The water release from Khadakwasla continued till late evening. People living along the riverbank were told to move out to safer places.
The irrigation department issued constant warnings and updates throughout the day to the Pune Municipal Corporation (PMC), police and the revenue department about the release of water to help them tackle the flood-like situation. An official in the irrigation department said the water release was outcome of a sharp increase in the water stock in Khadakwasla.
Many people came to the banks of Mutha to see the swelling river. “After a long time, the river is in a spate. We did not see this much water in Mutha for almost two years, This means we have enough water in stock and we won’t have to rely on tankers this year,“ said an excited Rajeev Bhosale, a resident of Sinhagad Road.
The Khadakwasla dam’s storage was 63% on Tuesday evening. It increased to 87% on Wednesday morning, registering a rise of almost 22% in 12 hours. As water was still flowing into the dam, the department decided to initiate release as a precautionary measure. “We release water if the storage in any dam touches 90% mark to make some space for inflow of accumulated rainwater. The Khadakwasla dam’s catchments were receiving intense showers on Wednesday and the water-level was going up, compelling us to increase the speed of the discharge,“ the official said.
The irrigation department released water at such a high speed for the first time this monsoon. Water was released from Khadakwasla at the rate of about 10,000 cusecs a couple of weeks ago when the dam storage climbed up to 90%. Though the release of water into river was stopped immediately , the department continued to discharge water into the Mutha for villages in Daund and Indapur. Water released into the river on Wednesday would travel flow to Bhima river and reach the Ujani dam.
Besides Khadakwasla, catchments of the other three dams supplying water to the city experienced intense rainfall. Panshet and Varasgaon recorded over 200mm rainfall each between Tuesday and Wednesday morning. Temghar received 170mm rain in the same period. The dams recorded another 100mm rainfall thereafter on Wednesday.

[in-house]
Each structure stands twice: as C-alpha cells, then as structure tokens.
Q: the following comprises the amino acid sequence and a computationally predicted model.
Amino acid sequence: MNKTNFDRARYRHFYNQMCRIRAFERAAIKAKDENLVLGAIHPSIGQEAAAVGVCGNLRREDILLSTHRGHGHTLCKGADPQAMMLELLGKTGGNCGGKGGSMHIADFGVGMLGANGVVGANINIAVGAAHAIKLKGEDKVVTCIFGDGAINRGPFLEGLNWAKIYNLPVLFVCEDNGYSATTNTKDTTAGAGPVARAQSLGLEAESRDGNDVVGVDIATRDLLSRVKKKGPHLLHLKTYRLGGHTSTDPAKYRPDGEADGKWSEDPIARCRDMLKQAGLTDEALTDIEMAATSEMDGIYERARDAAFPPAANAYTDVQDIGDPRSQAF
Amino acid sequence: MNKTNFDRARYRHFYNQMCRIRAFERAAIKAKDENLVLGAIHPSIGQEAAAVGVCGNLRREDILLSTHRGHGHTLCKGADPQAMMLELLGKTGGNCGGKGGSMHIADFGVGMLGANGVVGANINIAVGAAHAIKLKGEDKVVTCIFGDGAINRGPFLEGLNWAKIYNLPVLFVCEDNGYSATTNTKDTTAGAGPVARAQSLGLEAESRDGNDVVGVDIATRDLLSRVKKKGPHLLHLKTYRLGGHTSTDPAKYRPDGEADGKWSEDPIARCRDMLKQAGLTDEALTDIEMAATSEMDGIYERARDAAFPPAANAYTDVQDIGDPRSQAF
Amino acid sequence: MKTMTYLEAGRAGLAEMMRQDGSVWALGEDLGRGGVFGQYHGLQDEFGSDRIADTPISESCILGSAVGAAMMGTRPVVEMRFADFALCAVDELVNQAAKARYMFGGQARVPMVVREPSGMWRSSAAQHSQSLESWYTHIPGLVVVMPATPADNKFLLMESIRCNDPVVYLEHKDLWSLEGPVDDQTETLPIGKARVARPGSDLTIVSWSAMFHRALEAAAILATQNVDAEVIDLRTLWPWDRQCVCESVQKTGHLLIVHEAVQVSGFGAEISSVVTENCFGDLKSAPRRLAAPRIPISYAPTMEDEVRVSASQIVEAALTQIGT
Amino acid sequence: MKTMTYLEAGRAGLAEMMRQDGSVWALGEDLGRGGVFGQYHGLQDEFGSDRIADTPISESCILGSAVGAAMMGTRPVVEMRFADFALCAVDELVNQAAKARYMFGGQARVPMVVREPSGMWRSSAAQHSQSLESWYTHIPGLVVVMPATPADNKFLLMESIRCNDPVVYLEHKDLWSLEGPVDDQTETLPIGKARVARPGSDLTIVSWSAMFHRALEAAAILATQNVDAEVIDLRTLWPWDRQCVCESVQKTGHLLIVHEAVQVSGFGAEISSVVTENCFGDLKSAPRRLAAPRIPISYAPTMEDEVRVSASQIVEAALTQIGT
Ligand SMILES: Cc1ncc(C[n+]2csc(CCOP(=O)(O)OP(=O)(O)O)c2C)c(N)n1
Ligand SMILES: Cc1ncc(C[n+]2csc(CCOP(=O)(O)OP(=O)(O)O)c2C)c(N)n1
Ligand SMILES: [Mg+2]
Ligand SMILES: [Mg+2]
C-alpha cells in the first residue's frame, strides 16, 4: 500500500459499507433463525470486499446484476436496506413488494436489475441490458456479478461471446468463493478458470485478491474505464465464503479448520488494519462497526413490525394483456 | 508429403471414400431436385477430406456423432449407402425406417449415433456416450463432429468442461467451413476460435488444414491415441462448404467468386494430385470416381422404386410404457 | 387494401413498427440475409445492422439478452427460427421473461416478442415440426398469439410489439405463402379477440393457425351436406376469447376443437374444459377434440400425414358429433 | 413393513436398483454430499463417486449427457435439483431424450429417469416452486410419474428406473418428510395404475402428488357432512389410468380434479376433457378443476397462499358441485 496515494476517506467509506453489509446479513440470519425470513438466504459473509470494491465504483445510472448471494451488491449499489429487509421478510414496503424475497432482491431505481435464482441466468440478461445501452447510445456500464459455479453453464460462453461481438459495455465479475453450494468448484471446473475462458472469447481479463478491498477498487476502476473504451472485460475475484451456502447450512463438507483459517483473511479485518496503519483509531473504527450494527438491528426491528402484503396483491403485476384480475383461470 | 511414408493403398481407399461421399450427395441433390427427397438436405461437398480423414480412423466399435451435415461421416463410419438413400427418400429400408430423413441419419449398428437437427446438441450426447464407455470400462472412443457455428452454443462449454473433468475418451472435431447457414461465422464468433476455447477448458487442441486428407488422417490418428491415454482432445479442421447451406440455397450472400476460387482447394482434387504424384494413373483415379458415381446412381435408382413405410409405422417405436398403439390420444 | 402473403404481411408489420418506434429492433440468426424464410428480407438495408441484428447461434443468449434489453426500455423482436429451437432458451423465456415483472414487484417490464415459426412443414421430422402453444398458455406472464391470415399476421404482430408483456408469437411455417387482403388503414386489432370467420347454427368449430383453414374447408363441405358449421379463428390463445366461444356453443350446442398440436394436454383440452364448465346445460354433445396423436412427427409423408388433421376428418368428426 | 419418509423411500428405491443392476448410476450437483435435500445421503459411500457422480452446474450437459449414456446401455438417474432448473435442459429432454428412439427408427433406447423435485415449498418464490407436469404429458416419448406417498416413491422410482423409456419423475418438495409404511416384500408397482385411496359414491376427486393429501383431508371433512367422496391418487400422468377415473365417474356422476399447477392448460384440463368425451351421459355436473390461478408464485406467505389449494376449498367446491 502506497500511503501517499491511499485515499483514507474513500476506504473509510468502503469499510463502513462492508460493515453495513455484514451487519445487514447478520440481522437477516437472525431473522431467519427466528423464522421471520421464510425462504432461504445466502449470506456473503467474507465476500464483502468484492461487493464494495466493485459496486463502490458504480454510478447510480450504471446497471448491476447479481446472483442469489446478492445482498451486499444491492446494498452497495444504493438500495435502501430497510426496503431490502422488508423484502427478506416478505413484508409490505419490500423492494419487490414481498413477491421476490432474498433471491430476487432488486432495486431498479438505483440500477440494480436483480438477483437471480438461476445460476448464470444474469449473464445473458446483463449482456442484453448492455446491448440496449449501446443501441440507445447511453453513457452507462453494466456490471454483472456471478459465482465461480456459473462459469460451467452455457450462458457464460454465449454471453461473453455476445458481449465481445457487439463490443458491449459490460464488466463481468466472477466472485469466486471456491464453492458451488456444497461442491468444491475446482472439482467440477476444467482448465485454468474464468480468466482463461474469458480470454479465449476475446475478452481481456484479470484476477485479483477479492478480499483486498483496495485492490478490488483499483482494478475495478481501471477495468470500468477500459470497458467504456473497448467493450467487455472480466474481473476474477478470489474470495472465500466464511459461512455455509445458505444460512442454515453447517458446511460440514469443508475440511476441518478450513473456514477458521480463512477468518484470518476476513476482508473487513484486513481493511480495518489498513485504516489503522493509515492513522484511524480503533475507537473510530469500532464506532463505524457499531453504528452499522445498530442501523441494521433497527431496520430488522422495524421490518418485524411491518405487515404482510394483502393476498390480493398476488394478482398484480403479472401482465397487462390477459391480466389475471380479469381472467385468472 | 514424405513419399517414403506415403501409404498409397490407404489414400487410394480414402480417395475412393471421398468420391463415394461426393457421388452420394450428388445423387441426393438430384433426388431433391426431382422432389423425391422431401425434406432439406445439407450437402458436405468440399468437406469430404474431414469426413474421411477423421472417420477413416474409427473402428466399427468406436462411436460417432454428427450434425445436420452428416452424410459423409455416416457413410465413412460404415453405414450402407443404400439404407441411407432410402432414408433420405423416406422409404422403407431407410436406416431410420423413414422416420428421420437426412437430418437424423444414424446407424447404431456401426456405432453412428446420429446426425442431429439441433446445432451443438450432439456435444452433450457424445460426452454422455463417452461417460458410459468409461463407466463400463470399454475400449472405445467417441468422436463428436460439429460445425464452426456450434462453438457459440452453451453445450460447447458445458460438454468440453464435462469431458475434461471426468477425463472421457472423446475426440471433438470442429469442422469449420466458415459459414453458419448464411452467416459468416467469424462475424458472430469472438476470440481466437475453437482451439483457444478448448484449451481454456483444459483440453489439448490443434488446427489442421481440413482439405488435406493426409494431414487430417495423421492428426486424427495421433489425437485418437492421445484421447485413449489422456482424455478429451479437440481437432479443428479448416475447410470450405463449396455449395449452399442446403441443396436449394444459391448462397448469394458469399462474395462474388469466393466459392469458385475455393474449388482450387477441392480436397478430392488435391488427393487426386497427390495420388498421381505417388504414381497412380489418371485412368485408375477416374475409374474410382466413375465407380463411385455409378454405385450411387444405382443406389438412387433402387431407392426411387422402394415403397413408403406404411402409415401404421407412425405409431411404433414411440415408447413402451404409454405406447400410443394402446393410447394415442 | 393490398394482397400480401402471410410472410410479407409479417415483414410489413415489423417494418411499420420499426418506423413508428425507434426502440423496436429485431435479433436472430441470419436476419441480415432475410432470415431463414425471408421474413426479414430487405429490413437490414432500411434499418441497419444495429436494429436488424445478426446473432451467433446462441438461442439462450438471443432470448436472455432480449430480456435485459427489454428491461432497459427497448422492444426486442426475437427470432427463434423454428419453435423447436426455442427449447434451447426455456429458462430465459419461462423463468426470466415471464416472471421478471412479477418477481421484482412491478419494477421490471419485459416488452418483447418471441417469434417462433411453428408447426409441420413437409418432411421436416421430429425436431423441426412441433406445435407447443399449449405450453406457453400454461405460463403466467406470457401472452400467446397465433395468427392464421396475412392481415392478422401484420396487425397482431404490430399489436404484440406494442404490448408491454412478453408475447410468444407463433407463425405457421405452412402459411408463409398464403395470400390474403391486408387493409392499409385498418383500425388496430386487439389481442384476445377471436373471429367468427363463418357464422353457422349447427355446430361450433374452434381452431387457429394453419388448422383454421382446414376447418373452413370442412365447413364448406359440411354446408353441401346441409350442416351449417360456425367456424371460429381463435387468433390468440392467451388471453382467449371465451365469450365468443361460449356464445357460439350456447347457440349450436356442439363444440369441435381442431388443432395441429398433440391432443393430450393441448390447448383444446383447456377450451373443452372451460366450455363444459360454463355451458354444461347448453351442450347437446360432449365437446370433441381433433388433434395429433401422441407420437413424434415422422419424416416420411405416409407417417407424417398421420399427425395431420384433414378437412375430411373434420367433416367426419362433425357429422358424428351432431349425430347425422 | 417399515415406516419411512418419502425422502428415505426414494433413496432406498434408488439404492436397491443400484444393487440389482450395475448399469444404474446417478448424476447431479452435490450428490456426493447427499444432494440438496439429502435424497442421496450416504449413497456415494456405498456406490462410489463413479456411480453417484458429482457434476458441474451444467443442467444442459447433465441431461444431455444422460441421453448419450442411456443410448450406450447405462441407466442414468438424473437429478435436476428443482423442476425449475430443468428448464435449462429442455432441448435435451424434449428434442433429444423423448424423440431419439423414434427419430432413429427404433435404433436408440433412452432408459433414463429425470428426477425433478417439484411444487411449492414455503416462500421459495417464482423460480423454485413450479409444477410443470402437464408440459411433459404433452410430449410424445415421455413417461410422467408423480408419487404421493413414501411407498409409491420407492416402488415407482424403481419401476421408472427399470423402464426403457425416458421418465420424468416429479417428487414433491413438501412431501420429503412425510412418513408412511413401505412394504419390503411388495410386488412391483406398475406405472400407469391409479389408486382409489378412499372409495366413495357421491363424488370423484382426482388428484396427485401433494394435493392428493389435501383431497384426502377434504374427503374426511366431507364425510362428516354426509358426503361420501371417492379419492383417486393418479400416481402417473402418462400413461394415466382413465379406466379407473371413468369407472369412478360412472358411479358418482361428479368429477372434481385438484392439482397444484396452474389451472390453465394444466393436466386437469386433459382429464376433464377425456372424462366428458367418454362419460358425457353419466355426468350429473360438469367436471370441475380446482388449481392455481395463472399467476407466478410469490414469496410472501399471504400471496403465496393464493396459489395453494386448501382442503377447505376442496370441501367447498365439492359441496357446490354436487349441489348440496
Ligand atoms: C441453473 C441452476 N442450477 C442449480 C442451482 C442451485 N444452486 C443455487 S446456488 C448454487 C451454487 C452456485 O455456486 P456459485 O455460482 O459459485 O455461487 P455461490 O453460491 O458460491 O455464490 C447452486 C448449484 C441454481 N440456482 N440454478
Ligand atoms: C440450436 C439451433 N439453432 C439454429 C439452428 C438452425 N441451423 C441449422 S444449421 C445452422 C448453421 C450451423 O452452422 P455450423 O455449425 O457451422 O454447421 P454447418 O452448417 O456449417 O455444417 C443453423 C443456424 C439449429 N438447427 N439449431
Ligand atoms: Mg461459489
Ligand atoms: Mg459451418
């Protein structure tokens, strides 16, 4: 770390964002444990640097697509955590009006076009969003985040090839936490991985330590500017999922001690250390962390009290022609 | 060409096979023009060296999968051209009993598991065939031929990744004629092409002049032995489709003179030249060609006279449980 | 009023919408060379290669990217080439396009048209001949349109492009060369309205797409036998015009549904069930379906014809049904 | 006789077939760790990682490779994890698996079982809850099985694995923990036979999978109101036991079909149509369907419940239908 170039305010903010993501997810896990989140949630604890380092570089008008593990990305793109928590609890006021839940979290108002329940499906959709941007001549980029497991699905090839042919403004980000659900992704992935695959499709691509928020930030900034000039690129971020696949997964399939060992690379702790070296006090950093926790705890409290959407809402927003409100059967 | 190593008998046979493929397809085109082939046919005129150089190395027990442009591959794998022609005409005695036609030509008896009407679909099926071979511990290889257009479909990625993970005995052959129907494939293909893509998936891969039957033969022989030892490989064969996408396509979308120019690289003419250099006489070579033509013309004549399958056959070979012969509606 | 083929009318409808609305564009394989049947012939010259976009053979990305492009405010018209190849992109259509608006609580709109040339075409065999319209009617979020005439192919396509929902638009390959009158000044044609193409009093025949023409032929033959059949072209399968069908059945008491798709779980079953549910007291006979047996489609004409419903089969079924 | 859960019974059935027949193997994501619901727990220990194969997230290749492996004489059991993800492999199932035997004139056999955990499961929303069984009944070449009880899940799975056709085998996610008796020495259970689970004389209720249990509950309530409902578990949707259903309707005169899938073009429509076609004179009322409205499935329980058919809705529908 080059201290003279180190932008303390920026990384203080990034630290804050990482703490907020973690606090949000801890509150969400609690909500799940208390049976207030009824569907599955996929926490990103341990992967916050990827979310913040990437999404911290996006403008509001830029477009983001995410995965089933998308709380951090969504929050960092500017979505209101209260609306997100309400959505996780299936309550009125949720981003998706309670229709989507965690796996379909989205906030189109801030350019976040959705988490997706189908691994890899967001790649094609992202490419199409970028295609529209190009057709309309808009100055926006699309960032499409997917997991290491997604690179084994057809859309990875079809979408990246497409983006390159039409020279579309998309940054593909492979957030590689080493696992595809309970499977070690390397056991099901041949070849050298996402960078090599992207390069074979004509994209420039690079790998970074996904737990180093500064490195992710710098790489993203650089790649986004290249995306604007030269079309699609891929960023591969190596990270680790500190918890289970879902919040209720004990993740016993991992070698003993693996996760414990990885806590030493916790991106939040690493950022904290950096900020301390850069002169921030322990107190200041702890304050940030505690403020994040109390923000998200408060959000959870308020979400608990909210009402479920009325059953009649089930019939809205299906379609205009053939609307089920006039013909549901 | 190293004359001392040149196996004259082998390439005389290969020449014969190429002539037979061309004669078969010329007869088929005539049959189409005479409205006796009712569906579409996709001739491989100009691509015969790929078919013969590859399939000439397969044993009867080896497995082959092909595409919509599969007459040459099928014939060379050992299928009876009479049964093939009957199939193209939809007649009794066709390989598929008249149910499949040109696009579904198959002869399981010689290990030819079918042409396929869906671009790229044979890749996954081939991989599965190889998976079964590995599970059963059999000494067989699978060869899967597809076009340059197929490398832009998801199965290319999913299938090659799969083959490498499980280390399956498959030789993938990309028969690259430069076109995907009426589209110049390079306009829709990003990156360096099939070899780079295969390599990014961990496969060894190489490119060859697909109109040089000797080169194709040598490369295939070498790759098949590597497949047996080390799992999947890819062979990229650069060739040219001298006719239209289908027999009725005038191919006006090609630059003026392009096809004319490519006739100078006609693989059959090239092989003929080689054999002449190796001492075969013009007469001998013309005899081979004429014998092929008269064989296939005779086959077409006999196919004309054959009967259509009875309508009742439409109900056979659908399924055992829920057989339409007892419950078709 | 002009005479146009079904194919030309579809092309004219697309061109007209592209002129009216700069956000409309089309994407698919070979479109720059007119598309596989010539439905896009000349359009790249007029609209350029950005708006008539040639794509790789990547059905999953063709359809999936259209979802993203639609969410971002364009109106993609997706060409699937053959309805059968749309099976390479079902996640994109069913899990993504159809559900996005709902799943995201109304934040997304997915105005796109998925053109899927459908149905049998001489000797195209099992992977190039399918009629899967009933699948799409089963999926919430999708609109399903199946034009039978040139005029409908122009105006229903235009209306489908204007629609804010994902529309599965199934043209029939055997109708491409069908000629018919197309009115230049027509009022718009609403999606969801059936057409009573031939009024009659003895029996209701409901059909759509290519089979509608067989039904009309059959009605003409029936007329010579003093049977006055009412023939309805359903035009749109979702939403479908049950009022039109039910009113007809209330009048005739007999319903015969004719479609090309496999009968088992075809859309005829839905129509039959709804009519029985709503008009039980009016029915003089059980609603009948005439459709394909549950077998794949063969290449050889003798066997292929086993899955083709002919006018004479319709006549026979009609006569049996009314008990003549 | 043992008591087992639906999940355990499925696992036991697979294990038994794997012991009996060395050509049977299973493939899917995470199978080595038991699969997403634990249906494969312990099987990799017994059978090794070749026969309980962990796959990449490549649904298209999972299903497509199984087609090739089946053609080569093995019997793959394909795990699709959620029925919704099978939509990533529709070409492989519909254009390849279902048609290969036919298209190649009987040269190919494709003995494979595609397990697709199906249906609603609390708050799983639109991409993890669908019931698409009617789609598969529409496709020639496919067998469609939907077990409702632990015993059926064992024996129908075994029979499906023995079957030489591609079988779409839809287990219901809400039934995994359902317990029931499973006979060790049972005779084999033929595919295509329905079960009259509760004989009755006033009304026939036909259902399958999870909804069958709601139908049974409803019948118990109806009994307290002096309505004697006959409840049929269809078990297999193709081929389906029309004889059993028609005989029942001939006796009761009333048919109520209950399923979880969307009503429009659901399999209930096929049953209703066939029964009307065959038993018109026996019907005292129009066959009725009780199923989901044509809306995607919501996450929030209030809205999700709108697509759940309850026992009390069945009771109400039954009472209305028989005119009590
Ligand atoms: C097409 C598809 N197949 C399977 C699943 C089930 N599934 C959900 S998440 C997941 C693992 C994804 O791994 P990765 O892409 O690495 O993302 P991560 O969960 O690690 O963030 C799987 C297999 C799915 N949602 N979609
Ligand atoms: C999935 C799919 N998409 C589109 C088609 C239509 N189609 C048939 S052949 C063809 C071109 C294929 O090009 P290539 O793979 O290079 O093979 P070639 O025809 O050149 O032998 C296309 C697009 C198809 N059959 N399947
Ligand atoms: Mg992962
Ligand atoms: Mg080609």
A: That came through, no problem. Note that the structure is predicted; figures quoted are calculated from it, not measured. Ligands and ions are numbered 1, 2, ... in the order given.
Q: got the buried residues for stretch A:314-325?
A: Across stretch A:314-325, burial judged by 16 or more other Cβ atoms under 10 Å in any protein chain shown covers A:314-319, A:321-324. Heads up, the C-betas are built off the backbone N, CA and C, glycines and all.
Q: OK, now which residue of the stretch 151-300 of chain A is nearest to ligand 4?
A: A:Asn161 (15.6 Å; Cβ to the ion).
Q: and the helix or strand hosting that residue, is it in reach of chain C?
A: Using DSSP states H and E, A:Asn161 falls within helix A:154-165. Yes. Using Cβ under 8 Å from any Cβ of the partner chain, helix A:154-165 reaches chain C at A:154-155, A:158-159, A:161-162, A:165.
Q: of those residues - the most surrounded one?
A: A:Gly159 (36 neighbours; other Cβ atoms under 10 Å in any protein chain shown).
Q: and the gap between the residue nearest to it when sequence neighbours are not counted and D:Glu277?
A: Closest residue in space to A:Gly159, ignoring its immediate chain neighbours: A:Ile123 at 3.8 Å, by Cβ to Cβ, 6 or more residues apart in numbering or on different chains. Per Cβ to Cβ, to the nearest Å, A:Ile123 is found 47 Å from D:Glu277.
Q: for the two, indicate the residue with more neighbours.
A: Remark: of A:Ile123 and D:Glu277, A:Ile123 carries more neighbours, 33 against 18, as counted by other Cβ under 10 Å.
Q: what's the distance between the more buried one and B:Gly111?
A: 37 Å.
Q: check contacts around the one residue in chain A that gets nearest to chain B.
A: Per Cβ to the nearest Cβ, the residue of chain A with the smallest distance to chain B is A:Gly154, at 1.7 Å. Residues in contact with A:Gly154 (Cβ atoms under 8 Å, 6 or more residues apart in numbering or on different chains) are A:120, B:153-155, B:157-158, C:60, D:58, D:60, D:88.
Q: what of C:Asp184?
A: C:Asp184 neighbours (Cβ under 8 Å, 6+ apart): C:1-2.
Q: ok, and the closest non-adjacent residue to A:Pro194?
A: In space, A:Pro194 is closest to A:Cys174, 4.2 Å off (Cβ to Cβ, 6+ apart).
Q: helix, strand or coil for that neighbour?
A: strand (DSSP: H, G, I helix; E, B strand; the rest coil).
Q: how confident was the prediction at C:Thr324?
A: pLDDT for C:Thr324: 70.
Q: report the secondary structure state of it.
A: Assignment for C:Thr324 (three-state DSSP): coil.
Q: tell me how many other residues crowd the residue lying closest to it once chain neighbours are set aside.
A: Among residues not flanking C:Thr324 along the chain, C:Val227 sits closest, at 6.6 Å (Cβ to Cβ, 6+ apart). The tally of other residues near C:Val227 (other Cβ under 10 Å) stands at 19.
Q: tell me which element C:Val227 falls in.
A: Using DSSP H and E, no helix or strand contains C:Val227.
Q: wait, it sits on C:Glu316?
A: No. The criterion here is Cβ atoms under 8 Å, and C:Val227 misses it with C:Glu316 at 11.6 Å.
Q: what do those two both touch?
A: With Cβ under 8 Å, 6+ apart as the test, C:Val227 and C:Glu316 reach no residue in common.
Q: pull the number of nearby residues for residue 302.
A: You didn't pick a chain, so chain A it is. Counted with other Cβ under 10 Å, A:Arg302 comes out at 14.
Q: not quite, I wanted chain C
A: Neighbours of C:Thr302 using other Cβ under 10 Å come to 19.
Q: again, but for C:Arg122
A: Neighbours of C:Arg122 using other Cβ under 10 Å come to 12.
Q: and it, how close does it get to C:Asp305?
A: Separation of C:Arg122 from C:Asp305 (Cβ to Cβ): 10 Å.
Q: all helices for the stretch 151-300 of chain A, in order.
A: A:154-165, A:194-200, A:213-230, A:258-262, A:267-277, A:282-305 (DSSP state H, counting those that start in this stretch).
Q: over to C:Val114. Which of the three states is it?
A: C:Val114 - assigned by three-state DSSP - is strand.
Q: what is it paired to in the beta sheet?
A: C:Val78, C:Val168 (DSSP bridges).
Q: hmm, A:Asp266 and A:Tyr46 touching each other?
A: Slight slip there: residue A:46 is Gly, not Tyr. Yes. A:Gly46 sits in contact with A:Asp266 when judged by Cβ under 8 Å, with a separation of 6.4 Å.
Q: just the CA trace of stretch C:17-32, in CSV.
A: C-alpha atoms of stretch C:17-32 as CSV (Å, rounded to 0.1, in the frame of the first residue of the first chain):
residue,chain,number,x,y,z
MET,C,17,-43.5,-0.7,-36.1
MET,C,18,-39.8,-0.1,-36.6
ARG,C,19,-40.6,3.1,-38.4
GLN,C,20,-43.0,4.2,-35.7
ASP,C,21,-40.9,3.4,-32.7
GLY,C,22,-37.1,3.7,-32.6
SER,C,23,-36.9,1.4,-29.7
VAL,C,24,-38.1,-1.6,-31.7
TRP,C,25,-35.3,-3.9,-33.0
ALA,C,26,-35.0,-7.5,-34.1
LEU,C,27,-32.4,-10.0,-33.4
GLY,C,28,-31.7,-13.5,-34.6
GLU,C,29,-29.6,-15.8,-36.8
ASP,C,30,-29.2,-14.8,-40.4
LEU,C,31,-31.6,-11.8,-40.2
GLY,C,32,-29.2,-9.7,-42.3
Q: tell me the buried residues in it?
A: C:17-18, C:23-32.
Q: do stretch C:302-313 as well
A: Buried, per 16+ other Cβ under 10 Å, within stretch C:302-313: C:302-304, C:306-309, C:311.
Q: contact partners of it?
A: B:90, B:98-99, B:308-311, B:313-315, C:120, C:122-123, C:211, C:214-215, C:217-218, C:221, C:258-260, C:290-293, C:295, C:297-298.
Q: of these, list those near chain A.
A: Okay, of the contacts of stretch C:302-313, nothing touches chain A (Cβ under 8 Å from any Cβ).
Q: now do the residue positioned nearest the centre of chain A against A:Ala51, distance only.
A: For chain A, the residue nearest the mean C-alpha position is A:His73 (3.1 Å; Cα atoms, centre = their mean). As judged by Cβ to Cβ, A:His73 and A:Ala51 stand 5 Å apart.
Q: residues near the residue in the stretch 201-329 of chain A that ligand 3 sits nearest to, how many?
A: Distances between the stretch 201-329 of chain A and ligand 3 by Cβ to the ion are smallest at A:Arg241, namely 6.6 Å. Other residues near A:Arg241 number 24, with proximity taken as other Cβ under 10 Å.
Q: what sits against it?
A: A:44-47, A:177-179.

The collective storage in the dams reached 22.28 TMC (76.42% of total capacity) by Wednesday evening, registering an increase of 3.78 TMC in a day. Mulshi dam’s stock was at 86% while the storage in Pavana, supplying water to Pimpri Chinchwad, climbed to 74% on Wednesday evening.
Consistent rain all through the day boosted water stock in all major dams around Pune on Wednesday . Two dams -Gunjawani and Vadi vale -reached the 100% mark. The storage in other major dams, including Chaskaman, Kasarsai and Vir, climbed above 90% mark on Wednesday evening. Of the 25 dams in Bhima basin, water was released from eight after the storage reached above 90%.
The water level in dams across the state has been increasing over the past few days. Marathwada’s dams were 10% of capacity earlier this week -about 3% higher than the water level at this time last year. In June, the water levels in the drought-struck region had plummeted to an all-time low of 0.4%.
Last year, the dams catering to the city did not have enough stock because of poor monsoon. The Pune Municipal Corporation implemented alternate day water supply last September.
Source : TOI